Carrow acknowledges that a turf manager may not be able to carry out these chores himself, and may want to use a consultant. Carrow recommends that he find one who will be able to explain the rationale behind lab techniques used. That’s a quality control test for the consultant. He says that one benefit of a qualified consultant is that he could provide an independent analysis and detailed descriptive reports.

An alternative would be to find a reputable laboratory that has its own list of affiliated turf consultants. This gives the manager not only a reliable lab, but proven consultants who deal with it. Since these consultants work for fees and not for fertilizer or amendment companies, they will hopefully provide unbiased results. One such lab/consultant affiliation is Brookside Laboratories, Inc.

“There’s no right or wrong soil test,” says Mark Flock, director of the Brookside lab in New Knoxville, Ohio, and a certified soil scientist. He says his and other labs offer literally thousands of tests for soils, plant tissue and water, and each is applicable to some plot of turf someplace. Which test is applicable to your specific turf and soil type and location given your water quality and desired plant growth patterns? That test selection should be left to a person knowledgeable in all of those subjects, as well as to your needs.

Flock, who has been at this for a long time, says the Brookside model is to train and utilize independent consultants. Brookside has some 250-plus affiliated consultants, and they are all over the world. Not all are turf specialists, since the lab also serves agricultural and environmental clients. Whether a turf manager uses Brookside or not, Flock suggests that he work through an American Association for Laboratory Accreditation-listed lab for all geotech testing. Several are listed at the USGA Web site at www.usga.org/turf/course_construction/physical_soil_testing.html, though not all of those listed do both physical and chemical testing. Good chemical testing labs usually participate in North American Proficiency Testing, though this is not an accreditation program.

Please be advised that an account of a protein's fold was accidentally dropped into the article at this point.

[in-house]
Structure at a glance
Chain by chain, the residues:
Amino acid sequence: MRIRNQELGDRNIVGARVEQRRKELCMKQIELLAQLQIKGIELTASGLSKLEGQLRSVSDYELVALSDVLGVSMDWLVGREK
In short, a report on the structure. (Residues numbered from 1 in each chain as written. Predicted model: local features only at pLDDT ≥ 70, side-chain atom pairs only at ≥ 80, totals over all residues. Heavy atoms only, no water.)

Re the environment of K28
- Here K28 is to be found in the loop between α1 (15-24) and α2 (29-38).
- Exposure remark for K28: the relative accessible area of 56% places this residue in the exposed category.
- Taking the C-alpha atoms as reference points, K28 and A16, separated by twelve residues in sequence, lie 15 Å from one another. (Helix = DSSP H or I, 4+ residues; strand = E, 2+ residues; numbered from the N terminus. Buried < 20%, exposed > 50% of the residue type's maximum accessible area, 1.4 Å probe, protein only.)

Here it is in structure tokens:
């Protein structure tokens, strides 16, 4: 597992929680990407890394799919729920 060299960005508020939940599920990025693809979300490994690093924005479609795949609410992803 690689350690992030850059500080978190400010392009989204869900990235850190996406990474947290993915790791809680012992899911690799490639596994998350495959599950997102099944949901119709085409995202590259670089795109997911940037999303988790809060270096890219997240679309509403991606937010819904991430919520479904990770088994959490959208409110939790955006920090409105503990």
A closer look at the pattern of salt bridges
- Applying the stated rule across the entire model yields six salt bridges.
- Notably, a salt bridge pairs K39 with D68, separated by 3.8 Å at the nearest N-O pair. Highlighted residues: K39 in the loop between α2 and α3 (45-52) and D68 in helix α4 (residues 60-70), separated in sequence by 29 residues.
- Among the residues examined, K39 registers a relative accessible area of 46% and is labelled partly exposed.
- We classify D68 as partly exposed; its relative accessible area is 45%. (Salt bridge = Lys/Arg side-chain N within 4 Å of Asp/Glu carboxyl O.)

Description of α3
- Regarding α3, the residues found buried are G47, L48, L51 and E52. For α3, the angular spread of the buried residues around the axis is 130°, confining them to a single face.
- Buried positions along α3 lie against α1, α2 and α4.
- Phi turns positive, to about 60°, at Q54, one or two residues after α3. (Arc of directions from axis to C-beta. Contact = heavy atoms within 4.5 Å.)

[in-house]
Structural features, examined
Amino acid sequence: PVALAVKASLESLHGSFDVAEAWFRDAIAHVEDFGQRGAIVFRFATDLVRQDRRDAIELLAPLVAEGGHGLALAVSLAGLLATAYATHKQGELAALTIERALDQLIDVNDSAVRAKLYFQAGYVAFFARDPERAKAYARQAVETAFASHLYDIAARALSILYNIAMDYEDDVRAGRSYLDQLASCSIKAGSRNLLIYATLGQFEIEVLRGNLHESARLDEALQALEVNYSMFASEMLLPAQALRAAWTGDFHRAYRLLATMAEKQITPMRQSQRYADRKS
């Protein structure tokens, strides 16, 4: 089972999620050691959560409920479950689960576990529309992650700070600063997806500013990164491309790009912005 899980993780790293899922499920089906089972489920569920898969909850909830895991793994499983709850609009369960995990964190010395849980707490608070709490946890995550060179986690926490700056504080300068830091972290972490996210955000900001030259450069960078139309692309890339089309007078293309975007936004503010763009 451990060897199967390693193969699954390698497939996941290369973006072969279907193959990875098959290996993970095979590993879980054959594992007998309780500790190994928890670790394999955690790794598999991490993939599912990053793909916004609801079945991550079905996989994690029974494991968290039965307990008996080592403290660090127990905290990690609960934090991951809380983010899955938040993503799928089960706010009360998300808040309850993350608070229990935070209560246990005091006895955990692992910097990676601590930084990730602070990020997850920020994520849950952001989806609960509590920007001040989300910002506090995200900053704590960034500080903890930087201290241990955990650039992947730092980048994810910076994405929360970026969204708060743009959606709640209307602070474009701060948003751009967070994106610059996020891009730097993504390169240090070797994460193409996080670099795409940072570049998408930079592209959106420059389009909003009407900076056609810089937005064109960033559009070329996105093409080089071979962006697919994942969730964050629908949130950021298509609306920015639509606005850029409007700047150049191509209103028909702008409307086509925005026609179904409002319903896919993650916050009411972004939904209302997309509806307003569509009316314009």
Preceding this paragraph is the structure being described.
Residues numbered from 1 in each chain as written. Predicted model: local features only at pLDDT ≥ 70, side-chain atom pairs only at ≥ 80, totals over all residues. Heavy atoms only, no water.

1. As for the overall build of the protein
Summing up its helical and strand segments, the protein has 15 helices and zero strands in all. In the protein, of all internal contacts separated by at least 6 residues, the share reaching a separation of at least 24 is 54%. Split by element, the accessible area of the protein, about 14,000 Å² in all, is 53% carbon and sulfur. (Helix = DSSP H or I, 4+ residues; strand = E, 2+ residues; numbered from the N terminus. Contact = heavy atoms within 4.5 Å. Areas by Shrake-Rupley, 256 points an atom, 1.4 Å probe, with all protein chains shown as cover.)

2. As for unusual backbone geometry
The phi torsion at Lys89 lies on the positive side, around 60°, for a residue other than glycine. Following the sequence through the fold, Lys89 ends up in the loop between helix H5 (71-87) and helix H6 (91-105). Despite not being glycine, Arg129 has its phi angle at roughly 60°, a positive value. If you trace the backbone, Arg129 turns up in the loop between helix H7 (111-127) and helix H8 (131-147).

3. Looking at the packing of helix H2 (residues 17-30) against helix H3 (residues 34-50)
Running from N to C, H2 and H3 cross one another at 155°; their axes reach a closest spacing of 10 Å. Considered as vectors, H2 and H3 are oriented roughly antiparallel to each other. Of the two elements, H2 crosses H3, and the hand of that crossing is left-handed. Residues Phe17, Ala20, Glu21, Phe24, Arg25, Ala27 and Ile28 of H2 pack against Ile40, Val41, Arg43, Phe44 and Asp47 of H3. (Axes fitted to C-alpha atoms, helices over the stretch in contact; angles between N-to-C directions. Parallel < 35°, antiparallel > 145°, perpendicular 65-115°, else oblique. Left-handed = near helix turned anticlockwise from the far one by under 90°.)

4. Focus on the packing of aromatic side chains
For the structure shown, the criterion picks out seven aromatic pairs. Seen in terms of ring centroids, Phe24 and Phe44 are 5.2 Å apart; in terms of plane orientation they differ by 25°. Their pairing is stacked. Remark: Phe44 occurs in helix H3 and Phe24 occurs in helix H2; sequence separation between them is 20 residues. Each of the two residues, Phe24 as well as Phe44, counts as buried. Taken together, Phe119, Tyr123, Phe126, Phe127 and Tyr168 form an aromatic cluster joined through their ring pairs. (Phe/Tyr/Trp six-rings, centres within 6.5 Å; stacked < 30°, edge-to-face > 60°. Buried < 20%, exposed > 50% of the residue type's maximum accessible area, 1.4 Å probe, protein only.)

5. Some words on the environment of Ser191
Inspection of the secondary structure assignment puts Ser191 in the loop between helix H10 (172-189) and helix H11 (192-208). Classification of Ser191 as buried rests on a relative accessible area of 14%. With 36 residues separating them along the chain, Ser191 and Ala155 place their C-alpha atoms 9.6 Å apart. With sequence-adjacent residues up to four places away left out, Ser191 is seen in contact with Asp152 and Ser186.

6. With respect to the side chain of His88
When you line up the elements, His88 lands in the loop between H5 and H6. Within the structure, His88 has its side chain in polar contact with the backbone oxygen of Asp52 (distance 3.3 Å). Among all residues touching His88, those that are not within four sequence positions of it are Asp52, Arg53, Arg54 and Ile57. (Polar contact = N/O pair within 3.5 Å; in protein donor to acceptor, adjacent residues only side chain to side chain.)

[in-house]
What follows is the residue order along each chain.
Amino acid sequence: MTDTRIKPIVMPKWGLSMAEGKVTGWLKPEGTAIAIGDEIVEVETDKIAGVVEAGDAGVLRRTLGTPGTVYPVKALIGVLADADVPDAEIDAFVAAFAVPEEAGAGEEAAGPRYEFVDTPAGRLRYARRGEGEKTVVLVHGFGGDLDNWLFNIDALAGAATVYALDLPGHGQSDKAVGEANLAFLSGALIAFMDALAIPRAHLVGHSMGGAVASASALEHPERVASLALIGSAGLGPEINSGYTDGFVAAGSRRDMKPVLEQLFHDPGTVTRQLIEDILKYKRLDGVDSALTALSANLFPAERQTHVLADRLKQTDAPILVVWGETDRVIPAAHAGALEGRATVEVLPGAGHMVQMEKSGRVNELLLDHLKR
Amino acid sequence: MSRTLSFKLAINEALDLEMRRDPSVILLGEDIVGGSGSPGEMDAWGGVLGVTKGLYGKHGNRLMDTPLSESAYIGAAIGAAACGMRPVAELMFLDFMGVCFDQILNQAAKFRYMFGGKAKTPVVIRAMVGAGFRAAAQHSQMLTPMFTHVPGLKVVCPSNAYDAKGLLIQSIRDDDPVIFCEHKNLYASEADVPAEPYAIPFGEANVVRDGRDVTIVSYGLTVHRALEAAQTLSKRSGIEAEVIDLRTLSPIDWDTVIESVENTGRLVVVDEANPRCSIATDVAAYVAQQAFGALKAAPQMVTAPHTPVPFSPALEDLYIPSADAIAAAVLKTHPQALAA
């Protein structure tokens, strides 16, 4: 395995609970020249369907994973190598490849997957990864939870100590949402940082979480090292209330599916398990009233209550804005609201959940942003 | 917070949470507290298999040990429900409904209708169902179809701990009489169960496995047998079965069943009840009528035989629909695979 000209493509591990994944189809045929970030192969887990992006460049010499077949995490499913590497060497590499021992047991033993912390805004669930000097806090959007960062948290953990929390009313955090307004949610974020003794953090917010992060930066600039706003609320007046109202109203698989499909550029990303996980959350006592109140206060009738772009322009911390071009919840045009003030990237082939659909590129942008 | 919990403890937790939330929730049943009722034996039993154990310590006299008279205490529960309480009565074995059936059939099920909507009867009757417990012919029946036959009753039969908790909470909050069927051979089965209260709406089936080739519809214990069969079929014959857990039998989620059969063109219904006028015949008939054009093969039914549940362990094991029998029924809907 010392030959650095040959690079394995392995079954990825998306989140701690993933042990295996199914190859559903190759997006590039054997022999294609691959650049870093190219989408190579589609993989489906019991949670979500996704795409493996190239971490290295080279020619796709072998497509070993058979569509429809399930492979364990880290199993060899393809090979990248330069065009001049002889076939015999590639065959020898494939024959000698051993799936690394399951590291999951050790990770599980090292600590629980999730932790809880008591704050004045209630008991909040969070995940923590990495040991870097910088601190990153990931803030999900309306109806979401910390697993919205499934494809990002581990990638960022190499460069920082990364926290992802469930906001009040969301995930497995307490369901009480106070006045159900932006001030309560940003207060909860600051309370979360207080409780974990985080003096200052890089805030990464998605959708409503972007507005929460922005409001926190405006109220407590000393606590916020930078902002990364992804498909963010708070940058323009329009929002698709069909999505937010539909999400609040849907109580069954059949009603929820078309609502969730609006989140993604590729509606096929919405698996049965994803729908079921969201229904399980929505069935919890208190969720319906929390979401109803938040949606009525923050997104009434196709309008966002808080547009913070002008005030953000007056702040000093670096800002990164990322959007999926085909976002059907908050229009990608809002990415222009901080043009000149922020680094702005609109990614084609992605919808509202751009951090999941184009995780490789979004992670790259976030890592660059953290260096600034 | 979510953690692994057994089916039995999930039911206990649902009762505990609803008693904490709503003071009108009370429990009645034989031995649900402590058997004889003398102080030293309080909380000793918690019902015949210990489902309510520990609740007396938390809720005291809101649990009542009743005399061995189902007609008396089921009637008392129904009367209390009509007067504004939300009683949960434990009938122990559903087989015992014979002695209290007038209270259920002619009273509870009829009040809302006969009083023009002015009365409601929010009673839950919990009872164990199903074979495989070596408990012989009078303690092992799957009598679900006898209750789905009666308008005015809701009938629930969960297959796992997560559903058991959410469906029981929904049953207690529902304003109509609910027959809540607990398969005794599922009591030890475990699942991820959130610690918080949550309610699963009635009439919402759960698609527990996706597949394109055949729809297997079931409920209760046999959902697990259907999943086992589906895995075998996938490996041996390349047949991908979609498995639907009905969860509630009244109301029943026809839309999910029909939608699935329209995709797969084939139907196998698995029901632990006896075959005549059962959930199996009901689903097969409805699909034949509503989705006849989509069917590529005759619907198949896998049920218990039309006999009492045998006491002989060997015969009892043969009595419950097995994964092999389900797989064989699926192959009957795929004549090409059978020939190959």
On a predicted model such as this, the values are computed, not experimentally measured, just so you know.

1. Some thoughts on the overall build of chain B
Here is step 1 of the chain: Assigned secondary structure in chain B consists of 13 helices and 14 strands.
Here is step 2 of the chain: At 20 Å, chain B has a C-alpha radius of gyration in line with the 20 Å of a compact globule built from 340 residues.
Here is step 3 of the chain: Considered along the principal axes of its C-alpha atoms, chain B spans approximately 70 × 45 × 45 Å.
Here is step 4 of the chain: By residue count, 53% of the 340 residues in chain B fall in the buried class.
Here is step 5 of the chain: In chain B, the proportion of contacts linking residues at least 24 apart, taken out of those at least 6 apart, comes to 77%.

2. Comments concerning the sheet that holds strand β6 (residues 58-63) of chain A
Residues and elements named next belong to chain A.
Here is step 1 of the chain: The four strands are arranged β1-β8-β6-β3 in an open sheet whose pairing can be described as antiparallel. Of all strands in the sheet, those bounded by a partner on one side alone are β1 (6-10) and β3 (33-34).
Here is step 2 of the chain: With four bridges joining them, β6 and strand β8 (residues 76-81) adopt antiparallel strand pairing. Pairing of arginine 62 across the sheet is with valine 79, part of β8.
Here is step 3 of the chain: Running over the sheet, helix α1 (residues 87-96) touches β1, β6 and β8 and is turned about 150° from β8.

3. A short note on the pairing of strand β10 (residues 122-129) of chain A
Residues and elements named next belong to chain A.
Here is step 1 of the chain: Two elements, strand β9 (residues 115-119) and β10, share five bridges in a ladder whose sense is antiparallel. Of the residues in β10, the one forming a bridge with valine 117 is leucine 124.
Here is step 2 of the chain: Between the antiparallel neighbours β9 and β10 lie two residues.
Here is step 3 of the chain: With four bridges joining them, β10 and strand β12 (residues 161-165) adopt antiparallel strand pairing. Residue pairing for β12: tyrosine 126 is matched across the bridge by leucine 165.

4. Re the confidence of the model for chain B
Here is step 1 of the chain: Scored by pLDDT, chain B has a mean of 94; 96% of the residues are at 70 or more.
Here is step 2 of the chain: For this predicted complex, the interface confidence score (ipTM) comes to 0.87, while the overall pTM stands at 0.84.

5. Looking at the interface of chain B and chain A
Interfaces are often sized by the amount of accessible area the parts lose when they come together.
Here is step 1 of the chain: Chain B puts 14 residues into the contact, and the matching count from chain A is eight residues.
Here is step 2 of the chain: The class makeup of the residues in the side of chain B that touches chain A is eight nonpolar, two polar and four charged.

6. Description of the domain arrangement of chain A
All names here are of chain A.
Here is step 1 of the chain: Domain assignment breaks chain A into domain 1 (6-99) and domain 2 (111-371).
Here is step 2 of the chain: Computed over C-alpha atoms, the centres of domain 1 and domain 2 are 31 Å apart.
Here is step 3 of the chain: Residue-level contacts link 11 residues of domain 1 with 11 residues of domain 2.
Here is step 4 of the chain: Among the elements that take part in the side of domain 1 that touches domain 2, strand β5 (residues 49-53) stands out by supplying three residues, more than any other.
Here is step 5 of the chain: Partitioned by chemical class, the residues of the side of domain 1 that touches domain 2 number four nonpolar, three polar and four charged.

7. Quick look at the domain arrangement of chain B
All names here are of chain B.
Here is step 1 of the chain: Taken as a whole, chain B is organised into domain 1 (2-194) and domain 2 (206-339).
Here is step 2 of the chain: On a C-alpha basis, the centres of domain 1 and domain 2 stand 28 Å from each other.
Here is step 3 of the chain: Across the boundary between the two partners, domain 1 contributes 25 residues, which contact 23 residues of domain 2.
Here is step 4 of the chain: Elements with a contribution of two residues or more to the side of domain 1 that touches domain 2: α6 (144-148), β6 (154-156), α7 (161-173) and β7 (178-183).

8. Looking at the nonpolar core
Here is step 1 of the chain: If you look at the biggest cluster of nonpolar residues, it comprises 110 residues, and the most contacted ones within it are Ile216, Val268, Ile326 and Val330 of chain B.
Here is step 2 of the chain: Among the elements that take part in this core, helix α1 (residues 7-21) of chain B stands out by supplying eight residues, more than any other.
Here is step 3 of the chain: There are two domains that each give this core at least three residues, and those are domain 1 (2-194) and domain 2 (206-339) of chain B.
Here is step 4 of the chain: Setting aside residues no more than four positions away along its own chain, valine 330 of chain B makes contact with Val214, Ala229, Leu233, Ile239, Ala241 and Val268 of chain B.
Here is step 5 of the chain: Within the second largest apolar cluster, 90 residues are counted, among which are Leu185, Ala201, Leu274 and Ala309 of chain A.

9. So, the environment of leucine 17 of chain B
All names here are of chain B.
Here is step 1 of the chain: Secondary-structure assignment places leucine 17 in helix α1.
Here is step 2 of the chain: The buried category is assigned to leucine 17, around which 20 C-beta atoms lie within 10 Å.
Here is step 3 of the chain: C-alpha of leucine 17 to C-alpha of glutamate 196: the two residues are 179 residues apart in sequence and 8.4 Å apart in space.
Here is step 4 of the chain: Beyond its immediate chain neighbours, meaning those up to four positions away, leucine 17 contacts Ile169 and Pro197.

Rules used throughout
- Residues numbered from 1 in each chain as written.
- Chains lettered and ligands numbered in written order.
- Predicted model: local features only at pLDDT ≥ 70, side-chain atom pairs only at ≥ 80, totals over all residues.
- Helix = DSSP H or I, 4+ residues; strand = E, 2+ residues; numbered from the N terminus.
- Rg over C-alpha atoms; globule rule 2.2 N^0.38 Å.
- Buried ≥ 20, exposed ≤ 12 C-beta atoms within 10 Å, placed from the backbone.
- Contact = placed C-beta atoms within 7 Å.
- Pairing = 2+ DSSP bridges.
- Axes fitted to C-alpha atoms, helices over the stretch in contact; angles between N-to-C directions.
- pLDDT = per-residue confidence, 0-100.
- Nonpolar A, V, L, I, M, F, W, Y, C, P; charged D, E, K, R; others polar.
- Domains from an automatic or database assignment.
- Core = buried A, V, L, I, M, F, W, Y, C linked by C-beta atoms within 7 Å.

This method is viable because an accredited lab and trained consultant will provide quality work, and also because it’s “comparing apples to apples,” Flock says. A consultant who becomes familiar with your turf and soil types, and a lab that gives verifiable results, will get to know your site and be able to track soil and turf over a period of time. Over the years, both the consultant and lab get to know the goals of that facility. Brookside (www.blinc.com) tests over 3,000 golf courses and other turf facilities annually.

Flock explains that a facility may require both types of soil tests: chemical tests that analyze the chemical components, including nutrients, in the soil, as well as soil structure tests that analyze elements that make the soil friable, give it air-holding capacity and provide good water penetration. Any number of plant problems, as well as diseases, originate in the soil. Develop a consistent nutrition program in order to address turf problems that arise and to meet nutrient management plans recommended or mandated by some states.

“You need to know what’s in there,” Flock says. His mantra is: “You cannot manage what you cannot measure.”

Flock gives examples of how a soil structure or construction test is valuable. Let’s say your turf shows signs of thinning. There may be soil layering or compaction, leading to poor water drainage. These elements can be measured in the lab, through the use of a sand fractions test that detects

coarseness of soil particles, and through tests that detect total air pores and capillary pores. Turf roots will not be healthy without good oxygenation, and the USGA has recommended percentages for air pores in greens. Those can be determined in the lab, and a good consultant can recommend how to achieve them in the field.